The Panasonic HX700 and HX600 series TVs are the initial 4K TV lines from this Japanese manufacturer in 2020. Both series support Dolby Vision and some smart features.
Perhaps the main difference between the Panasonic HXR700 and the HX600 is the operating system, which is Android in the 700 series, and Home Screen in the 600 series. Consider the Panasonic TX-50HXR700 4K TV review from last year’s Dolby Vision series.
Panasonic HX700 Review
The manufacturer focuses on the Panasonic 50HX700 because of the cost. The set of specifications in the HX700 series is likely to suit those looking for a relatively inexpensive 4K TV, while still offering decent smart features and pleasing picture quality.
Highlights in this part of Panasonic’s HX700 review include its simple looks, good build quality, and a wide center stand to accommodate the soundbar. As with Panasonic’s OLED models, the HX700 series has a “standard” aesthetic. The bezel surrounding the display is slim except for the bottom of the TV.
The all-black finish only enhances the usual look of the models. Dimensions for diagonal 50 are such that they require approximately 1120 mm of horizontal surface if such an installation is to be expected. Due to the center stand, the overall depth is about 222 mm. This is slightly less than the Philips PUS8505 with the same diagonal.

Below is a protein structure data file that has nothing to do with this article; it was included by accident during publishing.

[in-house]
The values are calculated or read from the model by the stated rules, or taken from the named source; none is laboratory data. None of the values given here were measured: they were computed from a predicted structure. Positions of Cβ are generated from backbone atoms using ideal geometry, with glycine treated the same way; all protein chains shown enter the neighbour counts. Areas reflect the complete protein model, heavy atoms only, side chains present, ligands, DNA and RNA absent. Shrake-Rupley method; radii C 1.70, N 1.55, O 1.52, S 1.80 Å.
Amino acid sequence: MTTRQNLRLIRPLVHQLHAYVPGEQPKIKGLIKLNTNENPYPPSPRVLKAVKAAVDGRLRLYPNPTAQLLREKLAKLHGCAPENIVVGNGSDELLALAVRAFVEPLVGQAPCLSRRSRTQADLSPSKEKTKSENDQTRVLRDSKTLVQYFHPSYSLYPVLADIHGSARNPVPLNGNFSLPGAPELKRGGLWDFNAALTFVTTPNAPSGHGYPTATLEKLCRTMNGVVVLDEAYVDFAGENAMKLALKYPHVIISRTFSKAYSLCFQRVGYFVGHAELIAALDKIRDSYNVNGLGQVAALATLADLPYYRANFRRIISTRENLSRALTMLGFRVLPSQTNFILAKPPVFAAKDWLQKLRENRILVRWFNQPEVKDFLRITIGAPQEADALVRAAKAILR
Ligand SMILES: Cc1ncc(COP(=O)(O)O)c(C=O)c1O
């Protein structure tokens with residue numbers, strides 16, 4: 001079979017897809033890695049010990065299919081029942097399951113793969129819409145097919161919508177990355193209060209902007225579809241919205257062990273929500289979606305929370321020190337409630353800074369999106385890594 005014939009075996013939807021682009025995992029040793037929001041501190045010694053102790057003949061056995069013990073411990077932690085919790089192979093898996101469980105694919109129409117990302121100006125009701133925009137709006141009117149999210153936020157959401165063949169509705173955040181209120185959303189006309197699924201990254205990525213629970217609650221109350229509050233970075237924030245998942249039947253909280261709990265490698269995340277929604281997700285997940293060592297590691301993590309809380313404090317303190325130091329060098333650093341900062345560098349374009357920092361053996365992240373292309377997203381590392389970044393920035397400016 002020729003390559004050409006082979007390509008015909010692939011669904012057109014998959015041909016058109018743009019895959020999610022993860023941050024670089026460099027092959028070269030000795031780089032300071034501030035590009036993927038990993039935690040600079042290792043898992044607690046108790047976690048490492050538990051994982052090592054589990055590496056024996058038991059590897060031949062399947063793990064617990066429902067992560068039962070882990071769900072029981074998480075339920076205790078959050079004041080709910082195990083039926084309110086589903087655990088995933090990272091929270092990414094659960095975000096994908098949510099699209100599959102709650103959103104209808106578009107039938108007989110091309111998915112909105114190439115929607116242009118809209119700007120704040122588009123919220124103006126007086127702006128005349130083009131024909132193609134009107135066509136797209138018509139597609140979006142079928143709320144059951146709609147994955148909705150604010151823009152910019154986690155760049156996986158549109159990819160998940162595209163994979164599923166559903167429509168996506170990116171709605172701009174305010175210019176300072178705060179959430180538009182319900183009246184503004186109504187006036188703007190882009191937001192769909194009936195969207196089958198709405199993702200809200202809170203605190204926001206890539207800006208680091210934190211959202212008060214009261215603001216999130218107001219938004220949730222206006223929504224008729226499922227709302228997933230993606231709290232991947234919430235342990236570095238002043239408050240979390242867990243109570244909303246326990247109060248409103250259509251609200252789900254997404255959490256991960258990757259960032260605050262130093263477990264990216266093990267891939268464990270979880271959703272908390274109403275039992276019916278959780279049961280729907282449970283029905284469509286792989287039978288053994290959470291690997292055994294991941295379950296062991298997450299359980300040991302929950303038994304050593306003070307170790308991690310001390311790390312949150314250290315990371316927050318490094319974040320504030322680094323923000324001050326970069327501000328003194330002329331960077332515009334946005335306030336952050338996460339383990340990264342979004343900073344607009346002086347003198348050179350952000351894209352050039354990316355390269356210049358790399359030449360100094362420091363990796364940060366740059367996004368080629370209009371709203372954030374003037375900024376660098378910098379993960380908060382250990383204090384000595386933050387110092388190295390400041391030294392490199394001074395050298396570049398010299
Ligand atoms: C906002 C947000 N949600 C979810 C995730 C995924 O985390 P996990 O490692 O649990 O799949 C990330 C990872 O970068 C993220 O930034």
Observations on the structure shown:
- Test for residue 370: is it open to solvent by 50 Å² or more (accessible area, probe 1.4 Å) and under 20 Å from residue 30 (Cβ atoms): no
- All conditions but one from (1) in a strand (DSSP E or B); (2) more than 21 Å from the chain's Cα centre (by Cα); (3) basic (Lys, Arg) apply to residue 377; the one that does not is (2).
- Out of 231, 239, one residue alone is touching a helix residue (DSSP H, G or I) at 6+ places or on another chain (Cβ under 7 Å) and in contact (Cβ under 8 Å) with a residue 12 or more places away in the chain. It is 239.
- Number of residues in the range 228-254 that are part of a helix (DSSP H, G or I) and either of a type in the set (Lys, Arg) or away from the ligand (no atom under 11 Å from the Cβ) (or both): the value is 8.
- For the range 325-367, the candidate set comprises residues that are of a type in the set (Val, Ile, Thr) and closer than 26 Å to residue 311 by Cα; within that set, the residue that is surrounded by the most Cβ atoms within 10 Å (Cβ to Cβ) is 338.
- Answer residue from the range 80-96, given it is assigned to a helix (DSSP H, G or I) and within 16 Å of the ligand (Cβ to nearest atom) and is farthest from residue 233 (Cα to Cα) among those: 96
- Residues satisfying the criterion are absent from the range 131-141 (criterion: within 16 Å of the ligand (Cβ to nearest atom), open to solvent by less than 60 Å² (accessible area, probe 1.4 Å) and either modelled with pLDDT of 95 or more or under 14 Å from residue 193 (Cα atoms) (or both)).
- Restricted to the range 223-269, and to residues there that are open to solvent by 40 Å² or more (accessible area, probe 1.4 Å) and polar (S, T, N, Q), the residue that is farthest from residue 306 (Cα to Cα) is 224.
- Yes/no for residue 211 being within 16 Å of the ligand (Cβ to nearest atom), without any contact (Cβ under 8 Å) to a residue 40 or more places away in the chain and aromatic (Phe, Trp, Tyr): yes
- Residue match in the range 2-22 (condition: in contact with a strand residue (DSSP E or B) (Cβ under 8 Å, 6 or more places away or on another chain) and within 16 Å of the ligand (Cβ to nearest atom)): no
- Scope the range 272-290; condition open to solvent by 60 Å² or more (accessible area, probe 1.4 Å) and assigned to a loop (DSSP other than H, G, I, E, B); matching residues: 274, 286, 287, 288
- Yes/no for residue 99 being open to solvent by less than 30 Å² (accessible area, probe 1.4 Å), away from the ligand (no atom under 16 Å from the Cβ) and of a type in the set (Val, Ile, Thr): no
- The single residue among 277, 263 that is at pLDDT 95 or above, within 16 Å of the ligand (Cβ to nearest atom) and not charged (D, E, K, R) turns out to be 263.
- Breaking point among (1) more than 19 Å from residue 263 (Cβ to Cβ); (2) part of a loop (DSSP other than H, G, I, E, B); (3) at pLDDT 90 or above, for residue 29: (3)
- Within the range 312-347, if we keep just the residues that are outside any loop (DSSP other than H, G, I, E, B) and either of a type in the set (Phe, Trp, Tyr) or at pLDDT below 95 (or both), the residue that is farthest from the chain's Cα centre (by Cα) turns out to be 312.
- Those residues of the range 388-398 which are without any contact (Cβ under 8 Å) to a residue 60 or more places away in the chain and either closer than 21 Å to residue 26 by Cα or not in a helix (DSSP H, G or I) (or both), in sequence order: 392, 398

The center stand is fixed, so the 50HX700 cannot be rotated. Unboxing and assembling the 50 ” model is straightforward. You can turn on the TV in five minutes. The height to the bottom of the screen is a little small, and most soundbars will hardly fit there so as not to block the IR receiver.
The remote control is relatively large, the buttons are freely located. But the keystroke responsiveness is not that good. Apparently the hardware stuffing of the Panasonic 50HX700 TV has an effect. The remote has shortcut buttons only for Freeview Play and Netflix.
The main thing is support for Dolby Vision, compatibility with voice assistants and a fairly low gaming input lag. Like its understated design, Panasonic’s approach to advanced features is understated and expected out-of-the-box functionality at an average level.
Note that the more advanced Panasonic models are equipped with an HCX processor. In the HX700, the image processing is carried out by means of “4K HDR Studio”, there are realistic frames. HDR support affects HDR10, HLG and Dolby Vision HDR. Moreover, the latter standard improves the HDR performance of the HX700, given the limited maximum brightness.
The soundtrack is marked by the presence of Dolby Atmos. But like any low-priced TV, it is not premium. The sound is output through 2×10 W speakers – very modestly.
Smart functions in the Panasonic HX700 are based on the Android 9.0 Pie operating system. Major apps include Netflix, Prime Video, YouTube, and BritBox, to name a few. Freeview Play is only available for some regions.
Among the voice functions in the Panasonic HX700, we note Amazon Alexa and Google Assistant. The microphone is built into the TV. There are some notes on how ChromeCast works. In the list of devices, the TV can be found on the smartphone, but it is impossible to force the content to play correctly. Instead of displaying correctly, the YouTube app just opens.